[Today, we sit down for an interview with author and artist, Stephanie Woodfield. Here, she discusses her devotion to the Morrigan and other Deities; her books about the Dark Goddess; and her upcoming projects.]
ev0ke: Which spiritual tradition do you follow? Does it have a name, or is it more eclectic or intuitive?
Stephanie Woodfield: I’m an Irish Polytheist and a priestess of the Morrigan. While the Irish Gods are my focus, I do have devotional relationships to Gods in multiple pantheons. I started out in a tradition Wiccan group. From there I moved on and based my practices on things that I felt had importance in the past as well as what the Gods were telling me. I don’t think any of us within Irish Paganism are practicing exactly how the ancient Irish did, but as long as we focus on how the Gods guide us to honor them, then we are on the right path. Consequently, I take what I feel is meaningful from the past and meld it with what works well for me as a modern person worshiping ancient Gods.
ev0ke: Which Deities, spirits, or other Powers are honored in your tradition?
SW: The Morrigan is always my primary focus, but the Dagda and Brigidare also important in my own work. Within that context, I also honor the spirits of the land, the sidhe, and the ancestors as part of my ritual work. I also have a personal tradition of honoring the dead of battlefields. I visit a lot of historic battle sites, and some modern ones, and make offerings both to the dead and the Morrigan.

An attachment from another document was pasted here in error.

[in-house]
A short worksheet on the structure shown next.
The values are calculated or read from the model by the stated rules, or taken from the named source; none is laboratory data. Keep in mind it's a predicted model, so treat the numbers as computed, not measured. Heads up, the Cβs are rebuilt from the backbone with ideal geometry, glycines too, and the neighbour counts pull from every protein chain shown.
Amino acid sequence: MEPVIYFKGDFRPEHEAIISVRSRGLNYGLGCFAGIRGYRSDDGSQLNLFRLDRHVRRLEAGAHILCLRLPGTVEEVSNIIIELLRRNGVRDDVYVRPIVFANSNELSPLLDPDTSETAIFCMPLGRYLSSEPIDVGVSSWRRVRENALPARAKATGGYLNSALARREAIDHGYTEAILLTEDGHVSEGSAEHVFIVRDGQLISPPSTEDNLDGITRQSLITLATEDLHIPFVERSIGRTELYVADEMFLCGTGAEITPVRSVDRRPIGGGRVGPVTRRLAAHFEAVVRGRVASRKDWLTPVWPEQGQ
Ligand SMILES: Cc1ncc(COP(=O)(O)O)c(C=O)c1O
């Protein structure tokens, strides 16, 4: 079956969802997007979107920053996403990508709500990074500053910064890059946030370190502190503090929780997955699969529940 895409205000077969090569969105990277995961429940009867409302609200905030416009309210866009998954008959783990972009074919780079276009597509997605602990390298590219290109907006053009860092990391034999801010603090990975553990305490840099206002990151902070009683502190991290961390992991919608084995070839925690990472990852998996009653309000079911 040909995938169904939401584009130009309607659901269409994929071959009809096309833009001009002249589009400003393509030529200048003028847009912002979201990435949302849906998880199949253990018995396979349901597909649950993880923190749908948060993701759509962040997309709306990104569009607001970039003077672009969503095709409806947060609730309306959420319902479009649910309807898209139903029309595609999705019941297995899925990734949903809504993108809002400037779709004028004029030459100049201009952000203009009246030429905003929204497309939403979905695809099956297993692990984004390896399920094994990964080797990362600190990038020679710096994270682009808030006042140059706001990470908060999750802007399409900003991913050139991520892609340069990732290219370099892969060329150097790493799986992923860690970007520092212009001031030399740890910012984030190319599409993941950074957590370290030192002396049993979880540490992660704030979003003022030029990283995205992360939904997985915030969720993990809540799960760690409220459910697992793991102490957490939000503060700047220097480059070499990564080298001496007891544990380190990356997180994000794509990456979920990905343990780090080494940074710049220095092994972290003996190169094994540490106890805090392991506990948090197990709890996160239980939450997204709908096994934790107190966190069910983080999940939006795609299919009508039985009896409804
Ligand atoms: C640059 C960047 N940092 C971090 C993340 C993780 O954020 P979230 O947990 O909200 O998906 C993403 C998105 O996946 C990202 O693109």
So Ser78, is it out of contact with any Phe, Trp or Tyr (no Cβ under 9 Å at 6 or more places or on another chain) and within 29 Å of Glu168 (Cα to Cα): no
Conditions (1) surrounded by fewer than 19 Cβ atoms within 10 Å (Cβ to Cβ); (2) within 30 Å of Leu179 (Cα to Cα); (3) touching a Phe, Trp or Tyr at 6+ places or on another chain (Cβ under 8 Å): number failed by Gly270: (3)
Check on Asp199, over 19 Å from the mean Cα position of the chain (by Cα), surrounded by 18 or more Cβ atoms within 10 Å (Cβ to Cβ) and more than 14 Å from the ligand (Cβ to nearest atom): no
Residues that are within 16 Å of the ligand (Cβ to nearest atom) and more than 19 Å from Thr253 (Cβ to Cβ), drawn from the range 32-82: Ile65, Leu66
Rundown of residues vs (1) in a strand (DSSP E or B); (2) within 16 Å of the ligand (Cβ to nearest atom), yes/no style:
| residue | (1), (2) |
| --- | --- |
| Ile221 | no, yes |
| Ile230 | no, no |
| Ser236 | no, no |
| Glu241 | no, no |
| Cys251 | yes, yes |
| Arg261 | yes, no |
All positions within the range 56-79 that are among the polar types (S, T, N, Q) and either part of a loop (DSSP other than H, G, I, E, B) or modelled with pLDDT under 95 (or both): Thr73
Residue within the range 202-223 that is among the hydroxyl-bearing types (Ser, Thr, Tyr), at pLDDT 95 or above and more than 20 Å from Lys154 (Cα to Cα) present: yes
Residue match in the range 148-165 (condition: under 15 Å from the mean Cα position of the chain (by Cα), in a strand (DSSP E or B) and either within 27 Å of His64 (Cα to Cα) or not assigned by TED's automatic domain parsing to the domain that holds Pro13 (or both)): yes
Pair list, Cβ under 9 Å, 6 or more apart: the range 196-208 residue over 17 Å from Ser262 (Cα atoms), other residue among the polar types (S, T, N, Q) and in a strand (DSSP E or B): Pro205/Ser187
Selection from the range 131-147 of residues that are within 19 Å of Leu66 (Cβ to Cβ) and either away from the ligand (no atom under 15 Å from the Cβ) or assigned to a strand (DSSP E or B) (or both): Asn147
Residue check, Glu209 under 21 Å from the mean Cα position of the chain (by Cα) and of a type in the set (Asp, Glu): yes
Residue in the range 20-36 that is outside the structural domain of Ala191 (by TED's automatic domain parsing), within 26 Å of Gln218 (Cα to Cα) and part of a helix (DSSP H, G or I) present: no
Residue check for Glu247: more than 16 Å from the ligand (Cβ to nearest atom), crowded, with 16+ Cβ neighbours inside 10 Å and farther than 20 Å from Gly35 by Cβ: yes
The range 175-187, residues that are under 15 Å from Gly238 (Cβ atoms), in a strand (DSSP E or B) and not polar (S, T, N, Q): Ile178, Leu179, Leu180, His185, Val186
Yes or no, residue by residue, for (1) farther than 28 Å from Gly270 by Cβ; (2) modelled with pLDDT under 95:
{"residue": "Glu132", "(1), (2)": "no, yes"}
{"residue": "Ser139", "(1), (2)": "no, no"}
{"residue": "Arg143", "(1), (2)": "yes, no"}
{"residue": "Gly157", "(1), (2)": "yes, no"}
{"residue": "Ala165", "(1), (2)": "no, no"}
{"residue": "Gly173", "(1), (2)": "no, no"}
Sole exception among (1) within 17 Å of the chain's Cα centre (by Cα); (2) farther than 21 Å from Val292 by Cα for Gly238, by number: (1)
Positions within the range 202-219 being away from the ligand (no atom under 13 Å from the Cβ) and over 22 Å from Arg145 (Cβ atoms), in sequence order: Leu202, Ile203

Hekate, Oya, Bast, and Blodeuwedd are also Gods close to my heart, as well. My house is basically a collection of shrines!
ev0ke: You have published a number of books in the last few years, most dealing with the Dark Goddess. First, congratulations! Second, Dark Goddess Craft guides the reader through a transformational journey. How did you go about designing that journey? Was it based on mythology? Psychology? Personal experience? All of the above?